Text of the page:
44. 44. INHIBITION OF PAIN (ANALGESIA) Two mechanisms : 1. Stimulation produced Analgesia ‣ Segmental inhibition ‣ Supraspinal inhibition 2. Release of endogenous opioid peptide
  45. 45. Stimulation produced Analgesia Electrical stimulation of specific areas of CNS Pain reduction by inhibiting pain pathways. Segmental inhibition : ‣ Activation of group A afferent nerve fibres. ‣ Stimulation of dorsal column of spinal cord.
  46. 46. Clinical application : ‣ Touching or shaking an injured area decreases the pain. ‣ Acupuncture Needles are introduced into specific parts of the body to stimulate afferent fibres.
  47. 47. Transcutaneous Electrical Nerve Stimulation (TENS) : ‣ Electrodes placed on the surface of skin stimulate the pain site.
  48. 48. Supraspinal inhibition : Mesencephalic pain inhibitory system ‣ Arises from midbrain ; Descends to dorsal horn cells. ‣ Contains opiate receptors. ‣ Stimulation of this system causes inhibition of second order neurons.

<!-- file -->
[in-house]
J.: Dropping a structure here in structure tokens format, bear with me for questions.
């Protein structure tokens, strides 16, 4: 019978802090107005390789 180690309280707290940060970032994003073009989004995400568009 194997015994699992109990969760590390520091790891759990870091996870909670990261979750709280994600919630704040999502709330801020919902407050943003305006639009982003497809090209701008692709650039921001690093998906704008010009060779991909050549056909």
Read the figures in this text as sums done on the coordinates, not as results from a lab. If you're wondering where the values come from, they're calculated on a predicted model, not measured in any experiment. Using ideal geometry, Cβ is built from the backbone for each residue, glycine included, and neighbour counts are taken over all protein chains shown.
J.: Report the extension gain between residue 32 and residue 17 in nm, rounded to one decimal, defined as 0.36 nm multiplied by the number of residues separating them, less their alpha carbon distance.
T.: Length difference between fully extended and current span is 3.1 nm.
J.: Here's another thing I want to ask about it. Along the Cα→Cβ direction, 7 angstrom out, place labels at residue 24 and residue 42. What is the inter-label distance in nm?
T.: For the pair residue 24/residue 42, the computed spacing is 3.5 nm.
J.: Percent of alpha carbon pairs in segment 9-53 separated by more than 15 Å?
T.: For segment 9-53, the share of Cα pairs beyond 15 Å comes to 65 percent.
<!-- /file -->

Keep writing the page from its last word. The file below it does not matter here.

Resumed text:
49. 49. Release of endogenous opioid peptides : ‣ Substance P ‣ Opiate receptors ‣ Enkephalins and Endorphins (opioid peptides)
  50. 50. Surgical management Peripheral neurectomy Electrosurgery Cryosurgery
  51. 51. CONCLUSION ‣ Determining the source and cause of pain is more important than mere locating the site. ‣ Eliminating the cause of pain is more important than mere treating the symptom.
  52. 52. REFERENCES 1. Arthur C Guyton, John E Hall. Text book of medical physiology. 10th ed. WB Saunders. 2. K Shambhulingam, Prema Shambhulingam. Essentials of medical physiology. 5th ed; 2010. 3. C Richard Bennett. Monheim’s local anesthesia and pain control in dental practice. 10th ed 4. A.K.Jain. Textbook of Human Physiology.3rd ed;2006.
  53. 53. 5. Massieh Moayedi and Karen;Theories of pain: from specificity to gate control, J Neurophysiol 109: 5–12, 2013. 6. Woolf CJ et al. Pain : Moving from symptom control toward mechanism specific pharmacologic management. Ann Intern Med. 2004 Mar 16;140(6);441-51.

×